Banbury town centre streets busy 'like Christmas' for reopening of non essential and outdoor hospitality businesses
Hundreds of people returned to the streets of the town centre of Banbury as non essential and outdoor hospitality businesses reopened for the first time in months
Some people waited in queues for that long awaited haircut and others enjoyed a pint outside their favourite pub to mark the reopening of retail shops and non essential businesses.
One independently owned business, The Banbury Sewing Centre, like many town centre businesses worked hard in its preparations for the big 'Reopening Day' today (Monday April 12).
Amy-Leigh Brennan-Rogers, who owns The Banbury Sewing Centre in Parsons Street, said: "Banbury sewing centre has been in the town for around 50 years. It’s always been in the exact same building too, which shows it’s stood the test of time - it will take more than recessions and a pandemic to close our doors permanently."
Their preparations for re-opening included new laminate flooring, fresh paint outside and painting inside the store. The store also opened with a new line of products offering the public curtain and upholstery fabric, sewing machines and new summer yarns. They will now be offering loyalty cards to customers.
Amy-Leigh added: "It's an exciting time. I'm trying to rebrand. Now is the time to reopen bigger and better.
"We remain Covid secure - every customer must use our sanitiser and wear a mask to enter and we limit the number of shoppers."
Amy-Leigh took over the business from her mother, Tracey O'Carroll, early last year after she sadly passed away. Her mother ran the sewing store for more than 17 years.
She said: "This was her dream. This is definitely her home, and I want to keep it going in her memory. It's her legacy really. It meant everything to her, and now it does to me too."
Elsewhere in the town centre several of the outside tables at VanJordans Coffee House near Banbury Cross were regularly full throughout the day.
Jon Jordan, said: "It's nice to see more people about. We're getting that footfall that wasn't there before. I'm quite optimistic. We're adding a lot of things."
In the coming weeks VanJordans will offer people hot food such as breakfast, beef burgers and chicken burgers.
He added: "It's just evolving. We're constantly evolving. We're going to do a different spin on the English Breakfast."
Maggie Jarrott stopped by VanJordans for a sandwich after walking her dog, Mist, through Peoples Park.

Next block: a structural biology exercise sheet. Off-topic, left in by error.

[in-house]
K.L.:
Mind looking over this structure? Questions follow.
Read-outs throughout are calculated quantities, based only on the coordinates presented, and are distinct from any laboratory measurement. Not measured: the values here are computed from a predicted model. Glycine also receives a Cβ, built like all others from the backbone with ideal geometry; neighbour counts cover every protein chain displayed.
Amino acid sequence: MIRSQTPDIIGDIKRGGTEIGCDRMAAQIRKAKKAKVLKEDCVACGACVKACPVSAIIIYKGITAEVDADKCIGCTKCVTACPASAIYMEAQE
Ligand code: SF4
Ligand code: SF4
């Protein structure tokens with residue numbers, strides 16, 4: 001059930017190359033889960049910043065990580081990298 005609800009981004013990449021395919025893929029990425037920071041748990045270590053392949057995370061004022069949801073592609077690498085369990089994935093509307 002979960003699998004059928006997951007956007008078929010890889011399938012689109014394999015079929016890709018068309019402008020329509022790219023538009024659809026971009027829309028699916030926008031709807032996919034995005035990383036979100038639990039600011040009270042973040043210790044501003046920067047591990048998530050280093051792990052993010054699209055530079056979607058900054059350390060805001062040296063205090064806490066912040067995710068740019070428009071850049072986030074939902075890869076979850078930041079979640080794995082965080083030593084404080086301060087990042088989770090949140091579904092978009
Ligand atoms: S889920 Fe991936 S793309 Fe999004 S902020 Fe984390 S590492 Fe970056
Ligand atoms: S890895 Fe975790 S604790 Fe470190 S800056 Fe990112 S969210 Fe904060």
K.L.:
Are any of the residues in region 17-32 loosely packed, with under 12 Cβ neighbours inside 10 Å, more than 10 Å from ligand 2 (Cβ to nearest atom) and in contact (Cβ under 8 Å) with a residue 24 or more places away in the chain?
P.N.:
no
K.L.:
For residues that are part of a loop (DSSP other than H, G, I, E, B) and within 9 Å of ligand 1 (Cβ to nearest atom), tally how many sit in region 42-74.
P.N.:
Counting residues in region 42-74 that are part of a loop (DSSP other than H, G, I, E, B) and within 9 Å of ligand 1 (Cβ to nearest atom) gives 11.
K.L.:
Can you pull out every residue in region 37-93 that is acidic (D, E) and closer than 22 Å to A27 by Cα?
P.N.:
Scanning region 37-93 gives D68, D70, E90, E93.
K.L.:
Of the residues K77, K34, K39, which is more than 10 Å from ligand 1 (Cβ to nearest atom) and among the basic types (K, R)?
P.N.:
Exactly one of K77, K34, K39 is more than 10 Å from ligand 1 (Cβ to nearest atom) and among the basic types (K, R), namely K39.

She said: "This is lovely. It's nice to have a proper table and food again."
Mervi Moyaert, the owner of Belflair Chocolates in Church Lane, saw more people in the town centre than usual.
She said: "It's been a long time since I've seen Banbury this busy. It's like Christmas time. The feel is great. One customer even called it 'exciting.'
"It's really nice to see the town back open again."
Rosy Burke, who came to the town centre with her daughter, Lucy Burke, stopped by several shops and an art gallery.
Rosy said: "I try do what I can to support the smaller traders. It's really wonderful to see all the spruced up shops. I'm really thrilled to see so much activity.
"I love clothes so I wanted to go into White Stuff on the High Street, which is full of spring colours. We stopped by the Ugly Mug for a delicious cup of coffee.
"Then we went to the Church Lane Gallery to see the new displays of art."
Several people, including Rosy and her daughter, stopped to listen to a street musician playing outside the Old Town Cafe and the independent shops in its building in Parsons Street.
'Cloudsong,' who was playing the native American flute, travelled from Dorset to perform outside the group of independent businesses in Parsons Street, Banbury.
Lesley Burnham, who runs Calmer Heart, a crystal selling business in the cellar of the building, which houses four independent businesses, organised 'Cloudsong' to play in Parsons Street. The building houses Calmer Heart in the cellar, The Artery art shop, The Old Town Cafe and the Fellowship of the Needle tattoo shop.
She said: "We thought we should celebrate people coming back out, and just bring some lovely energy to the streets.
"We understand people are still anxious and this is so soothing."
Michael Barnett, who stopped to listen to the music, said: "It's absolutely brilliant. People need a relaxing sound at this time of year with everything going on."
One man, Arthur Fairns, took the week off work at DHL, to fully experience the reopening of shops and pubs across the area.
He said: "It was snowing when I got out this morning. I got out at half six this morning for a haircut in Woodford Halse."
Arthur enjoyed a long awaited pint at the Reindeer Inn pub in Parsons Street.
He added: "You got to meet up with your friends, enough of this lockdown. It's a brilliant place to be here. It's one of the oldest in town. You can have the odd drink at home, but it's just not the same. You haven't got your mates.
"It's nice to get out and see old faces again."